Yesterday I went to see Wim Wenders’ Pina in 3D at the Barbican Centre. I’d bought tickets for my wife and I, because she’d missed it on its original theatrical run and I knew that she’d been very keen to catch it. For my part, though always a fan of Wenders (especially Paris, Texas), I’d been rather put off by the dance/choreography subject matter, and it had been way down my priority list.
So how glad was I that I caught it? As it happens, very.
For a start, the choreography combined with Wenders’ eye for a shot and subtle use of 3D was frequently astonishing in its daring, complexity and execution, with the dancers’ lithe bodies pretty much works of art in themselves. In mixing up outdoor and indoor sequences, rehearsals and live performances, Wenders broadened the scope of the material, and in doing so underscored the universality of the key themes of the dance; love, longing, loss, sadness. I enjoyed some of the dance sequences more than others, but they were all compelling in some way or another, and augmented by Wenders’ constantly prowling camera and sweeping, creeping dolly shots.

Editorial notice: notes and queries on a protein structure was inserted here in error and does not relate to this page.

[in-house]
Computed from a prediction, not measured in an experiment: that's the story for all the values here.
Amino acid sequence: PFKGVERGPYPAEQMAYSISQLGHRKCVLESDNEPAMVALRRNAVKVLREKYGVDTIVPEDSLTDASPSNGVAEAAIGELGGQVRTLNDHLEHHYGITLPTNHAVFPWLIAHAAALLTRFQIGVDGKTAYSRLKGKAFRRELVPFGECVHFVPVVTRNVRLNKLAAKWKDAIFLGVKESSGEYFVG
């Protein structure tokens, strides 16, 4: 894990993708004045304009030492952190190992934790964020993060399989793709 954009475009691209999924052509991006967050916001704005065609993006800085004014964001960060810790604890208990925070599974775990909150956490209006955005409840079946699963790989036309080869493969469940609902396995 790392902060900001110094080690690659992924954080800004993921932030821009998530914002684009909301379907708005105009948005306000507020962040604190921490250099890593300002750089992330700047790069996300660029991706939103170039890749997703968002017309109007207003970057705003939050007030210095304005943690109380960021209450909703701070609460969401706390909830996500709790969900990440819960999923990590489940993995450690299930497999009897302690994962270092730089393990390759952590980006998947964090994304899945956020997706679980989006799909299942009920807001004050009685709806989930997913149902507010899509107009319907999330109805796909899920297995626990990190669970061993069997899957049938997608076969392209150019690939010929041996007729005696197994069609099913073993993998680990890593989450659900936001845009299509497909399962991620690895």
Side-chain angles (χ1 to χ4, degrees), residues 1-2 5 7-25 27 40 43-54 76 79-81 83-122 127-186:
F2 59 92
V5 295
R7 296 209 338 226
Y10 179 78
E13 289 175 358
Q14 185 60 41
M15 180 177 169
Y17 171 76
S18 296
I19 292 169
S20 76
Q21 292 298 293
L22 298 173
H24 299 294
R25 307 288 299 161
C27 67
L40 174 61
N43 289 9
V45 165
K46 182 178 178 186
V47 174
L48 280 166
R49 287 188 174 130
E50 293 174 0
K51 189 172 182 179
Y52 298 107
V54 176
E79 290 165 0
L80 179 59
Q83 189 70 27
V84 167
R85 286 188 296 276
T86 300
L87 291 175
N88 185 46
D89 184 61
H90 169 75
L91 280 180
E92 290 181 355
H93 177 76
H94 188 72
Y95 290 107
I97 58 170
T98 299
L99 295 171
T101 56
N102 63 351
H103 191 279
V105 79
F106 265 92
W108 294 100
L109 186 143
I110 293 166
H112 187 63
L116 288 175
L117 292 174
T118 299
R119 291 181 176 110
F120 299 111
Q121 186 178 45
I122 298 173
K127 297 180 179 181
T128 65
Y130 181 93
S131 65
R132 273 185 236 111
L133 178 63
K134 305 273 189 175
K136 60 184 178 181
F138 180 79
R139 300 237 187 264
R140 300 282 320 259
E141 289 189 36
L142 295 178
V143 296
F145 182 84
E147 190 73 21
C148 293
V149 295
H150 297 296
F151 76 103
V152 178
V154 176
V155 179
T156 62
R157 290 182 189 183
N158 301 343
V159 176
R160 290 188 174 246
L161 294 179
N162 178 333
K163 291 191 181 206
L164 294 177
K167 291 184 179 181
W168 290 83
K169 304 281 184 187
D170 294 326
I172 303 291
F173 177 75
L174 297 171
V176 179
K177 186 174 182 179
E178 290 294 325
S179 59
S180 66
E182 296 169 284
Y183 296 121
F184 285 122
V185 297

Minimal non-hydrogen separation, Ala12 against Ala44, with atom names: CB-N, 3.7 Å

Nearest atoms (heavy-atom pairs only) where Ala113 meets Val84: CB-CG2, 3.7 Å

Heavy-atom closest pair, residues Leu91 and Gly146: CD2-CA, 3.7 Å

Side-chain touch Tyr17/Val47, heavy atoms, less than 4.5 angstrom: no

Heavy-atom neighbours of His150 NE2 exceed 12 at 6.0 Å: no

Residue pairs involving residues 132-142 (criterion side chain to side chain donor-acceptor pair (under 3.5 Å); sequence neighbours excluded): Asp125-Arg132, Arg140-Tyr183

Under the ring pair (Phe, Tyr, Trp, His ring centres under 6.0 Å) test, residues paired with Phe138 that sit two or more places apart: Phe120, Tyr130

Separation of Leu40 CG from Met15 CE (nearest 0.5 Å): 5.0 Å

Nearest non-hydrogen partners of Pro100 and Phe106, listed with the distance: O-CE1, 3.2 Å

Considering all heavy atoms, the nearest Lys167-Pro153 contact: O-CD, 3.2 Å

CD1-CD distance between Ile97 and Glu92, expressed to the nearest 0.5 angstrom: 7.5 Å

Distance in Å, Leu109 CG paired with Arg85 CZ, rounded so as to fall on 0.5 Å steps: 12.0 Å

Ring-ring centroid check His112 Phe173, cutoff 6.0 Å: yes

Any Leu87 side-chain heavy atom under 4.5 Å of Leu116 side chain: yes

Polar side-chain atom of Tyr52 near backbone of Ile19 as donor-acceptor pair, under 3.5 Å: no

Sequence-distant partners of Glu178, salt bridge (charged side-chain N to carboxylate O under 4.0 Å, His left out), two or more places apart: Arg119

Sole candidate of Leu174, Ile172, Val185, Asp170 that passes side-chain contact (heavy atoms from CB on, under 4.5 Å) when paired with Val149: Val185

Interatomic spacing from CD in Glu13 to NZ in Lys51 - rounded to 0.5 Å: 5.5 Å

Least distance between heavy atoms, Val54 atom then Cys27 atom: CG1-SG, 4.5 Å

However, what I loved most about the film was its clear and robust dedication to celebrating the life of the late Pina Bausch almost solely through representations of her work. As a documentary, it eschewed excavation and information for action. In short, it understood what its subject was about; her essence. If you want to know where Pina was born, how she died etc…, then bloody well go and Google her, Wenders seemed to be saying. Testimony about Pina was limited to a series of simple, moving shots of members of her company overlaid by a few lines of their internal monologue; it’s like we were being gently, movingly ushered into their private thoughts.
By means of comparison, Kevin McDonald’s Marley – released earlier this year – seemed almost like an animated Wikipedia page in its fraught, expansive attempts to collect testimony on the man and map out his life. In the end, by almost wholly ignoring the inspiration for, and creation of, his music (surely his driving force), Marley ended up missing that sweet spot where information becomes evocation, and was actually closer in tone to Carol Morley’s elusive doc Dreams of a Life, about a lady who lay dead, unnoticed, for three years, than Wenders’ joyous memento to the creative fire of one inspirational woman.
Overall, Pina represented not just a particularly entertaining couple of hours in the cinema and a fascinating way of approaching documentary filmmaking, but also served as a timely little reminder to me that it’s always good to keep one’s horizons broad because – put simply – a good film is a good film whatever the subject matter.
Pina is out now on DVD and Blu-ray.